Raising and lowering the disc is a breeze and the jack works both smooth and effortlessly. We did find that if you kept cranking up the wheels that eventually, the tire would come into contact with the disc, but this was at a height well above the depth that you should be trying to disc at. One thing that we did not like really had no effect on the functionality of the disc, it was that one rim is offset the opposite of the other. This was done so that tire would miss one of the disc coulters, but just seemed odd because they could just as easily moved the mounting location of the wheel in slightly to accomplish the save effect. Flipping the disc over to get it into 'use position' is just as simple. Because most of the trailer receivers that we have around the office have a 2" ball on them, it would have been more convenient to have the disc and kultipacker in that size, but that's just because of what we have around. The receiver mount in the back of the disc is great for transporting multiple units at once, but we did have to remove a burr out of the tube before use so that we could get the receiver to slide in.
In doing research before testing, we found that many people say that they add weight to their discs in order to get them to work better, but what we found was that the disc actually works as well without weight as it does with weight with the exception of when you are trying to cut thru living sod. A live sod base is the toughest thing for any disc to cut thru, even on farm tractors, we found that if you kill off the plants before—hand, it cuts thru the soil and works much better. From sand to clay and everything in between, the disc worked great. It may take a few passes to get things broken up, but the end product is a nicely tilled soil. One of the greatest benefits is that you can access many places with this disc on your ATV that you could never get to with a tractor, not to mention you get to spend more time on your ATV! The worst that we ran into over the length of the test period is that we bent over a few of the teeth on the disc when hitting rocks. Make sure to clear the area before tilling to avoid this, and if you do, they can be bent back into place easily. After testing, I would like to see the coulter angle be made so that it is adjustable or at least made slightly greater to help turn over the soil better. The draw-back to this would be that it would require more horsepower from your ATV to use which would cut out some of the smaller ATV‘s from being able to use this disc. I believe that the current angle is a good compromise though that works well and doesn't require an obscene amount of horsepower to use. Outside of that, you'll need to go thru and re-tighten all of the nuts and bolts after the first use, much like your ATV after the initial break-in period and you'll need to make sure to keep an eye on your ATV‘s air filter and oil after use because you'll be stirring up quite a bit of dust in the process of working the soil.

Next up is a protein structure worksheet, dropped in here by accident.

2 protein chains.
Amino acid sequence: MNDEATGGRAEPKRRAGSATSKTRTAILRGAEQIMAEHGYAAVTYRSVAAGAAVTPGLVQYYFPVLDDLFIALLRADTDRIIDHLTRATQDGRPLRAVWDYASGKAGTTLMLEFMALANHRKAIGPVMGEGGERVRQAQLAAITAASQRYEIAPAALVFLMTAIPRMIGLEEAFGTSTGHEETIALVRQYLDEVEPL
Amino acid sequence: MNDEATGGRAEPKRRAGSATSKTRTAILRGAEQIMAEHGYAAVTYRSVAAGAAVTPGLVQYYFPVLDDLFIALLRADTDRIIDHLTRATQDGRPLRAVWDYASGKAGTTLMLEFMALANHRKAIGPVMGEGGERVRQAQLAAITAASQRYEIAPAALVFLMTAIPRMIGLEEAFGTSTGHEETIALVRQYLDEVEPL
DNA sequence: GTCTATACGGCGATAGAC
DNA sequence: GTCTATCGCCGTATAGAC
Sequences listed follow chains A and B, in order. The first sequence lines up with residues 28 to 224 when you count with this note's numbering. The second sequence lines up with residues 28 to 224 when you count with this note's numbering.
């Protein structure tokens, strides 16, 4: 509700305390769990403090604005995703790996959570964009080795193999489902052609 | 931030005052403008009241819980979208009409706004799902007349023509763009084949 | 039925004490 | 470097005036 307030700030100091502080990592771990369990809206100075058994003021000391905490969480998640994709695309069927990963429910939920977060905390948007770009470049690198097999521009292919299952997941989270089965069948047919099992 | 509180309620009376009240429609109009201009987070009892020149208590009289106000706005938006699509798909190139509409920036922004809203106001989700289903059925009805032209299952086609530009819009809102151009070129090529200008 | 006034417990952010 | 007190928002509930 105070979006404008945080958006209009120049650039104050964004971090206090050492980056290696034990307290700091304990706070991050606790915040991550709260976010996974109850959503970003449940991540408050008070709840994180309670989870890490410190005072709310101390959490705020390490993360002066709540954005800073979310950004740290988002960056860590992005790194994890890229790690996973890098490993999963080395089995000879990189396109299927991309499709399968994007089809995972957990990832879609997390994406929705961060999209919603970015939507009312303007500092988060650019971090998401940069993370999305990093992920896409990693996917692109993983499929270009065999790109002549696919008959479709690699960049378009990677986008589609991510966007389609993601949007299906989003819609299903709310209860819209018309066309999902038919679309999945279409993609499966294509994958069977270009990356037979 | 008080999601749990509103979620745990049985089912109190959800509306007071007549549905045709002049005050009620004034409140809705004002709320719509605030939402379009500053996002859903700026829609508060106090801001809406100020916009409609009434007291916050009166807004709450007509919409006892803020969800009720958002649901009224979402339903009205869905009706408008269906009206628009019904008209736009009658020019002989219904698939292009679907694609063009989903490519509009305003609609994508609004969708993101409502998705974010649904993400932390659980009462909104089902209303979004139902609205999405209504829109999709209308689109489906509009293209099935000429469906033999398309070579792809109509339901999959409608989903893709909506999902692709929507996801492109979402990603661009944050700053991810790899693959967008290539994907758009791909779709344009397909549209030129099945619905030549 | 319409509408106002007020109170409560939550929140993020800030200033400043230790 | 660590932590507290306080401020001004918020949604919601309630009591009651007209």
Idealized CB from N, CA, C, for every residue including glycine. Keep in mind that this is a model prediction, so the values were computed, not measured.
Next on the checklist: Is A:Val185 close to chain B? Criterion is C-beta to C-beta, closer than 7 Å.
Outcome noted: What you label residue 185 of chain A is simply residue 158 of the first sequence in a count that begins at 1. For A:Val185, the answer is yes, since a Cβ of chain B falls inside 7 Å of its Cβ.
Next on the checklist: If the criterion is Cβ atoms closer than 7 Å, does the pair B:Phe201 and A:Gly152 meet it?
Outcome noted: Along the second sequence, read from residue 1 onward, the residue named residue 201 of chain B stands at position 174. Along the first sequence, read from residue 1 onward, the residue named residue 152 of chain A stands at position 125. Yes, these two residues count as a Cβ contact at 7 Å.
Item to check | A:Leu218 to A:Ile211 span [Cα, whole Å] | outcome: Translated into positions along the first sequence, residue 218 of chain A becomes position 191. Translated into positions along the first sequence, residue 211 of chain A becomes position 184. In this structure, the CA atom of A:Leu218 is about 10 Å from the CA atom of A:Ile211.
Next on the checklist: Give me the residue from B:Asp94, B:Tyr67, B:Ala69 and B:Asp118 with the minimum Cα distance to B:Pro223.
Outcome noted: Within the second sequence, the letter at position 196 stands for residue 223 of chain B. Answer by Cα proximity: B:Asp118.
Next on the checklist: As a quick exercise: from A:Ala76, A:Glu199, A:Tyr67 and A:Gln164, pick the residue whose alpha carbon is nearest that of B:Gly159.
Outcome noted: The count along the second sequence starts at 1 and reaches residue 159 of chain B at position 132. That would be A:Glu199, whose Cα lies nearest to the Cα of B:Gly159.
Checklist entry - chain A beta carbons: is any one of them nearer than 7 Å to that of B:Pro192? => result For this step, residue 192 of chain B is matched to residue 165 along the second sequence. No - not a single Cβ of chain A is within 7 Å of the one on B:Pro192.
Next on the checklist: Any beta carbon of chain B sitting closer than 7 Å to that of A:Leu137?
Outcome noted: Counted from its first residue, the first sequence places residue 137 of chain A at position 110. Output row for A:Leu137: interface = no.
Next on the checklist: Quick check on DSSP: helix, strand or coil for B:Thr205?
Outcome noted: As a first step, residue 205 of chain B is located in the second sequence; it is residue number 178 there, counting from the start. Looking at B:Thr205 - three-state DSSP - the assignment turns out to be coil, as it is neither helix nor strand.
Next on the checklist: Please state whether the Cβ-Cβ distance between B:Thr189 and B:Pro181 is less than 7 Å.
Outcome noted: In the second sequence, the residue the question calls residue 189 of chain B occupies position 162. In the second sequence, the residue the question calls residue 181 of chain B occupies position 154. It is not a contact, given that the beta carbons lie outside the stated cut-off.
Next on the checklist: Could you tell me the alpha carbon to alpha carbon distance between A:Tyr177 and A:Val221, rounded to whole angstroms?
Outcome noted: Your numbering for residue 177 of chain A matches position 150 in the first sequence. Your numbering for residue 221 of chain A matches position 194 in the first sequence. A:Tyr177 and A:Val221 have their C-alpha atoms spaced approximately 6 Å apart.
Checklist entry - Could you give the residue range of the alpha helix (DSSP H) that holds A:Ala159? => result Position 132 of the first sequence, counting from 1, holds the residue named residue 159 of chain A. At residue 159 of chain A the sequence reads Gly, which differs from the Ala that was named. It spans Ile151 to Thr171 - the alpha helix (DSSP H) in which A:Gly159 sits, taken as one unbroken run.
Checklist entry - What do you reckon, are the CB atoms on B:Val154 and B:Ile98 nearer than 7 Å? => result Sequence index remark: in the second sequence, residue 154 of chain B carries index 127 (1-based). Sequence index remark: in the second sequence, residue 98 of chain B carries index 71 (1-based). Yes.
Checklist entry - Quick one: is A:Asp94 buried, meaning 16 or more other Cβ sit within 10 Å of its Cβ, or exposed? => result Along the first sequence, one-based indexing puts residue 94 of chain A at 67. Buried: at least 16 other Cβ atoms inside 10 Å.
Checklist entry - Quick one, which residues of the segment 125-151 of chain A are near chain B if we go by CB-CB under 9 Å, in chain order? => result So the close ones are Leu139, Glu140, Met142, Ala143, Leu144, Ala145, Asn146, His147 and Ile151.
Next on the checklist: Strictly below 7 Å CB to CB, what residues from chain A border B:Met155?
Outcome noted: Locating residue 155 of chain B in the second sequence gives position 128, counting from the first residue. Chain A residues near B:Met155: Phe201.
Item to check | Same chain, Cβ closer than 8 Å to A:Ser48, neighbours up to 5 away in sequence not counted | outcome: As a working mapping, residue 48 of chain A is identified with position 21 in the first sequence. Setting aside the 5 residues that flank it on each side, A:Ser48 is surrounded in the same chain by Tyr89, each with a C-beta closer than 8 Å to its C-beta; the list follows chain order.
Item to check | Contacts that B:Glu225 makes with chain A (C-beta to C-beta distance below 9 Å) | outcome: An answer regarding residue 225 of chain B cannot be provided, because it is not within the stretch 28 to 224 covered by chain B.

After extensive testing, we came away elated with how well the disc and kultipacker both worked and how well they stood up to the durability testing. If cared for and stored inside, these implements will easily out—last your ATV and are great products for when you want to put your ATV to work!